Postfix anti-antivirus (was Re: [linux-elitists] procmail recipe for mydoom?)

Tilghman Lesher
Tue Feb 10 16:00:02 PST 2004

On Tuesday 10 February 2004 17:33, Martin Pool wrote:
> On 10 Feb 2004, Ben Finney <> wrote:
> > On 10-Feb-2004, Martin Pool wrote:
> > > In principle the smarthost admin could [manually determine the
> > > correct recipient host for a reject you generate].
> > >
> > > Of course if the admin was that smart and proactive then they
> > > probably wouldn't be relaying viruses in the first place, would
> > > they?
> >
> > Which, IMO, is pushing the problem in the right direction.  If
> > I'm generating a reject for known viruses, then *whoever* is
> > connecting to me and trying to pass it on needs to:
> >
> >   - FOAD (if they're doing it intentionally)
> >   - clean up their machine (if they're infected)
> >   - implement virus-reject policies themselves (if they're a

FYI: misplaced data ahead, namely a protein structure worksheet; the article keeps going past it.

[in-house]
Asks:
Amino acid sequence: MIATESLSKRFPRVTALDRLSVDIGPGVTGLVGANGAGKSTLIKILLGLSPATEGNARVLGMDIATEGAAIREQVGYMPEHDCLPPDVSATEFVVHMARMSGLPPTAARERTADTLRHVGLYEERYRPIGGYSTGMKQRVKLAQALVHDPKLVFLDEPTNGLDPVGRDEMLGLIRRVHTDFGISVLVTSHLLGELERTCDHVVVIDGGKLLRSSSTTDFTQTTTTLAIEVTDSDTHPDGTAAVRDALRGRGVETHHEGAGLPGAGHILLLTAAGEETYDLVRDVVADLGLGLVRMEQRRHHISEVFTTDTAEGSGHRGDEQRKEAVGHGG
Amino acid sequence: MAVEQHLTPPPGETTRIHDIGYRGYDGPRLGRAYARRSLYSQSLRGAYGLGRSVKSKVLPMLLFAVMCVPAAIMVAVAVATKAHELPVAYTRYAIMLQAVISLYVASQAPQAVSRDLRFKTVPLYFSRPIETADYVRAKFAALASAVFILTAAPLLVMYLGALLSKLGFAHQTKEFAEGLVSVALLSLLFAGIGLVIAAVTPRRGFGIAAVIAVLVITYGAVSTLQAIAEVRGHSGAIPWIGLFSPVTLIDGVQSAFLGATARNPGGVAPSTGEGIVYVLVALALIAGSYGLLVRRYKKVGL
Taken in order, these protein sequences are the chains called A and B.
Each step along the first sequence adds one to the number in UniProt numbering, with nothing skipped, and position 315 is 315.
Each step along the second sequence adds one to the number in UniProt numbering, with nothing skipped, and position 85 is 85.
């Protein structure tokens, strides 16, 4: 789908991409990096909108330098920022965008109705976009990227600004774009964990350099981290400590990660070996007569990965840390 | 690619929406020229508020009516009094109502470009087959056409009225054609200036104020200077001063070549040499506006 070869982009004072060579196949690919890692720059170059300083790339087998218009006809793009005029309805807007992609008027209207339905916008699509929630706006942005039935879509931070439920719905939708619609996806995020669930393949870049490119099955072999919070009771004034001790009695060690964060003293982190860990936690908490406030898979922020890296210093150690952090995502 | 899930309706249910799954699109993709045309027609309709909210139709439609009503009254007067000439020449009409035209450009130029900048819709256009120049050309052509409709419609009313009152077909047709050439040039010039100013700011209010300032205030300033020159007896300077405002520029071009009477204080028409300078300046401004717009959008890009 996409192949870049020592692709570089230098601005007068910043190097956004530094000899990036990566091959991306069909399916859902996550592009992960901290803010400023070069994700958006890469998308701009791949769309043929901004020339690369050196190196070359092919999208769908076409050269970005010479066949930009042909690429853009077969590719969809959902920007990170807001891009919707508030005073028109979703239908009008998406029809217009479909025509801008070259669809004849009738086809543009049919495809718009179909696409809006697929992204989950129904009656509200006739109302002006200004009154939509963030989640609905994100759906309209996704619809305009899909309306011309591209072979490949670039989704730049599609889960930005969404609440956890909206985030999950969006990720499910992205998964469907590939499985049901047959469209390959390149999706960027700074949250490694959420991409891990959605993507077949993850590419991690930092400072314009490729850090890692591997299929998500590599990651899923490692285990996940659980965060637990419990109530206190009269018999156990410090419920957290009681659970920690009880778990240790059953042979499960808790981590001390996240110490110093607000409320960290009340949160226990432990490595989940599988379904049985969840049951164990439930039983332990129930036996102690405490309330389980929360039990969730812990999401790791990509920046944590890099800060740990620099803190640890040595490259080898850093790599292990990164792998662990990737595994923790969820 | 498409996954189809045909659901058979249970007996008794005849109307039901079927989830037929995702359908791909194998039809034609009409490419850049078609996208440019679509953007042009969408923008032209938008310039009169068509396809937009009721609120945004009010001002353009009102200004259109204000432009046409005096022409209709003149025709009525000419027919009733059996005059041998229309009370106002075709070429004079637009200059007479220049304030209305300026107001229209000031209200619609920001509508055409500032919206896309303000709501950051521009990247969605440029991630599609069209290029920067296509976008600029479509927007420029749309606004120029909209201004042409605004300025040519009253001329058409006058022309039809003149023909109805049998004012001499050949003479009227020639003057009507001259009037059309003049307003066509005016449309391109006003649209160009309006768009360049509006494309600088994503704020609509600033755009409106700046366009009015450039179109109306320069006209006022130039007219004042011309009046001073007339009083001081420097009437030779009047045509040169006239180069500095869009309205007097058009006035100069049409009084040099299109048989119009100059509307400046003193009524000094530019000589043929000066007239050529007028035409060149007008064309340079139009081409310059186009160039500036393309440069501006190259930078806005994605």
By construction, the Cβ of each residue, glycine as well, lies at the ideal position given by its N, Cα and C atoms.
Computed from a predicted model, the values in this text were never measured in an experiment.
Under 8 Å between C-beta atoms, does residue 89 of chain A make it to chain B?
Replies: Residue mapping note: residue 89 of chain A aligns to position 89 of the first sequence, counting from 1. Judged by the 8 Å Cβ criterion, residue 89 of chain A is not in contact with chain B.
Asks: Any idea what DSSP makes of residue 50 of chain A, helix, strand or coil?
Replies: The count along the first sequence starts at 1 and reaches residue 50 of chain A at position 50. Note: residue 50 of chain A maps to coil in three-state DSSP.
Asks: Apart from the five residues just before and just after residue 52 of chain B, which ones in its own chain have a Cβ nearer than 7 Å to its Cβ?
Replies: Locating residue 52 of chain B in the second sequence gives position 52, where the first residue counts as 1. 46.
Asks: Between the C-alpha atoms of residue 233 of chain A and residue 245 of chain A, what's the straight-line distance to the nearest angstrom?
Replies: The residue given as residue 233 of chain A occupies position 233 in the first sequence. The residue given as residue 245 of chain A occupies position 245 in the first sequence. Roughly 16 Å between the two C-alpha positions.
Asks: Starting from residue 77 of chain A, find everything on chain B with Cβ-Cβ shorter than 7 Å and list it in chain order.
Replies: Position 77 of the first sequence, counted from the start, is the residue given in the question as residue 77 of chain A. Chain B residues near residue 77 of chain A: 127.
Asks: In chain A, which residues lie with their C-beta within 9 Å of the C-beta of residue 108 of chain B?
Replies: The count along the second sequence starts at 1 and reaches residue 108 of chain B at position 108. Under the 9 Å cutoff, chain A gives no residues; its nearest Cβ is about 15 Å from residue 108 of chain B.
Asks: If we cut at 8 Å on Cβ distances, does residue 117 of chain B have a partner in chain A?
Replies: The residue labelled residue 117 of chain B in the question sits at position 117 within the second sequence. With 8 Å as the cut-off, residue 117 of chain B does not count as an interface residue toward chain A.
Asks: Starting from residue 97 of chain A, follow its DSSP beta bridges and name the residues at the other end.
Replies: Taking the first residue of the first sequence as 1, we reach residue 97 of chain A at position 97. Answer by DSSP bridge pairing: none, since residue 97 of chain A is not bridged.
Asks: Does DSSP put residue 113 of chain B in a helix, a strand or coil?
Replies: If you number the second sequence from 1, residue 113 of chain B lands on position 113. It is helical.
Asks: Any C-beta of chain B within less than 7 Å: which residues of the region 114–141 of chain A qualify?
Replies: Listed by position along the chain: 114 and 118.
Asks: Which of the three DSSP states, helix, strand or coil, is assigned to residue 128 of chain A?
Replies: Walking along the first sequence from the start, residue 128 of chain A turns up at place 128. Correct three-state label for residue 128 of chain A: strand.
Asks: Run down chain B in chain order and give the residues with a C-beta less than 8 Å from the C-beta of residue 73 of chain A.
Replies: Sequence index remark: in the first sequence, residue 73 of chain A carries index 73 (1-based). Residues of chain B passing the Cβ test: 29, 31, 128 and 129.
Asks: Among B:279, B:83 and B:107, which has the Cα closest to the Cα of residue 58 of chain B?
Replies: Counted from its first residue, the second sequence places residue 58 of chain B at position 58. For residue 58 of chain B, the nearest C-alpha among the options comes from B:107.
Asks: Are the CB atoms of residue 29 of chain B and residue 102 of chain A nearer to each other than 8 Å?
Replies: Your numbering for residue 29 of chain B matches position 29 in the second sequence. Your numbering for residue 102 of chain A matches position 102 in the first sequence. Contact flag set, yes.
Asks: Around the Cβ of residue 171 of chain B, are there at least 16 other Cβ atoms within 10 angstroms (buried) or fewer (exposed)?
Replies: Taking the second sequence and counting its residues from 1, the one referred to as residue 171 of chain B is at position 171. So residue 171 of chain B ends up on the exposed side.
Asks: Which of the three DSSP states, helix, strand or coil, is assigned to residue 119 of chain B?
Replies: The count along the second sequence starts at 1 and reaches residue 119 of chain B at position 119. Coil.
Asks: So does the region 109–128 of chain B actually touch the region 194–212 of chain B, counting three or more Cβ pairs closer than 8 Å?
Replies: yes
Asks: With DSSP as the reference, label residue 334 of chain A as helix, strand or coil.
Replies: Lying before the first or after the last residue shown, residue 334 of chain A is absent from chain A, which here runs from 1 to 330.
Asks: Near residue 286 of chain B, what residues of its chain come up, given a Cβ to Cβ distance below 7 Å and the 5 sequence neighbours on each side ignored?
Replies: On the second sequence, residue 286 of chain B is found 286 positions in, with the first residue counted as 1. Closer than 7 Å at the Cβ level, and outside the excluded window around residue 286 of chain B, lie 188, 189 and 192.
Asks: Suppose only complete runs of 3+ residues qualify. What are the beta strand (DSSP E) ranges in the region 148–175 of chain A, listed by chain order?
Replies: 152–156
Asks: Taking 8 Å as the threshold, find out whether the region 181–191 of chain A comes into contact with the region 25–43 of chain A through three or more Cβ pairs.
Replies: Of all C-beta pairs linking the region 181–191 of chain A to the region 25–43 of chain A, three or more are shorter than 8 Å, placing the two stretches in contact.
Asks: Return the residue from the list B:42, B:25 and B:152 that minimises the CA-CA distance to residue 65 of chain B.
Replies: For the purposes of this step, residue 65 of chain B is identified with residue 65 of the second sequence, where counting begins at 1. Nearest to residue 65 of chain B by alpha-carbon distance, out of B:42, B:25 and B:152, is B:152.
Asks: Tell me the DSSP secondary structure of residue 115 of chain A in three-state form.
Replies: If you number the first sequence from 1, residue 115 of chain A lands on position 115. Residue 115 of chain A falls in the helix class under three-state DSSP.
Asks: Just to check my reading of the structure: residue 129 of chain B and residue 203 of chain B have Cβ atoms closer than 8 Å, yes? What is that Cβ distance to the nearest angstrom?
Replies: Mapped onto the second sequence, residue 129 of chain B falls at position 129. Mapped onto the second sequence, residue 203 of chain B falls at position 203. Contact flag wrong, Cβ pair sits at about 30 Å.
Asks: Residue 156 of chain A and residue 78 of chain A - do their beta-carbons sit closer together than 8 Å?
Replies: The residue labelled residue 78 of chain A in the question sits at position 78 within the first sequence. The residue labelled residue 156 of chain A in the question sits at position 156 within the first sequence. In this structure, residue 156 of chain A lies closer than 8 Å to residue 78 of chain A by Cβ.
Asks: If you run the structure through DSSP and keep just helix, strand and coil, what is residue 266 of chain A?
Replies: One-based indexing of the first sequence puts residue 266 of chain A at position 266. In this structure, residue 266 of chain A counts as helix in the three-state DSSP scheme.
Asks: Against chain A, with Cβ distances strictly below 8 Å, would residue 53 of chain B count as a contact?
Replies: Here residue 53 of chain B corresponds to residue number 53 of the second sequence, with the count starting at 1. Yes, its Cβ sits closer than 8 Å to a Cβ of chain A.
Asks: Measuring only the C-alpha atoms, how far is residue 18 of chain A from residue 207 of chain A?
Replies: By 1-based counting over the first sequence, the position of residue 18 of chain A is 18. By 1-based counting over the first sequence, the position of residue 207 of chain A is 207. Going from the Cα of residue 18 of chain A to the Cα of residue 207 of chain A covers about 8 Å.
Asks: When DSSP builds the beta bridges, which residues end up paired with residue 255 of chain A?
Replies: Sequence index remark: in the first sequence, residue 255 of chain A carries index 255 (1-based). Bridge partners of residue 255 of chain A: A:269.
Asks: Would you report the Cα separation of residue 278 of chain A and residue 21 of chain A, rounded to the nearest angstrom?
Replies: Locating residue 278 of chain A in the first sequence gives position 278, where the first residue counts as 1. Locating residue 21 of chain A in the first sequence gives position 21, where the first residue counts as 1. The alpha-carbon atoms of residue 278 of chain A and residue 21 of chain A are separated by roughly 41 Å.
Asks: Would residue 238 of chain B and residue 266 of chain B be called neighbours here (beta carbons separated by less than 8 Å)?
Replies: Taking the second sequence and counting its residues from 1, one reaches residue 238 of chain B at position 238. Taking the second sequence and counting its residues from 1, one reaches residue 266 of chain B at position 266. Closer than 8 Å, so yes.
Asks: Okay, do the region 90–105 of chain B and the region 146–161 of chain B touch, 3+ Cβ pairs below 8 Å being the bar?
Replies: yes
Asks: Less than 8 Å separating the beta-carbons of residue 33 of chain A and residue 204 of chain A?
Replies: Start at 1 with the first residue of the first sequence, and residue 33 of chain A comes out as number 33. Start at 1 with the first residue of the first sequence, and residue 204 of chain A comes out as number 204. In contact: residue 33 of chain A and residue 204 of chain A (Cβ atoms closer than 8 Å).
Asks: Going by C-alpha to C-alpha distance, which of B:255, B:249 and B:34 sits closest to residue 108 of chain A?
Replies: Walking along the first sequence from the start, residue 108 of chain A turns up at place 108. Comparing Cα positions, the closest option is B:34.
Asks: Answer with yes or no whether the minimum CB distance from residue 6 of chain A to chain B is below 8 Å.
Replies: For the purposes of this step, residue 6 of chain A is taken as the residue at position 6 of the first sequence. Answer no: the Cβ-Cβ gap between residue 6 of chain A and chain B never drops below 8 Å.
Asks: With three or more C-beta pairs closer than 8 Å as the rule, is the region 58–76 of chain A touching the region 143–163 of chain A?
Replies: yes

> > smarthost blithely passing it on to me)
> Yes, any of those would be nice.  But rejecting won't achieve them.

And dropping them on the floor will achieve them?  Sorry, but
rejecting a message has a far more likely chance of altering a remote
administrator's actions than accepting and disposing of messages
silently.  Dropping messages allows the problem to continue and
introduces the new problem of false positives disappearing silently.

> > How does dropping the message silently move us forward?
> Not at all.  However, rejecting them makes it worse, by generating
> extra noise to people who can do nothing about it.  First, do no
> harm.

The SMTP rule is that if you are not going to deliver a message, then
you are going to reject the message.  How is breaking that rule doing
no harm?  I see it as doing a great deal of harm.  Suddenly we have a
mail server that might deliver a message, might not, and if it
doesn't, there's no guarantee somebody will find out.

And don't deliver the malarkey about not having false positives.  The
only way to have no false positives is to have no positives.


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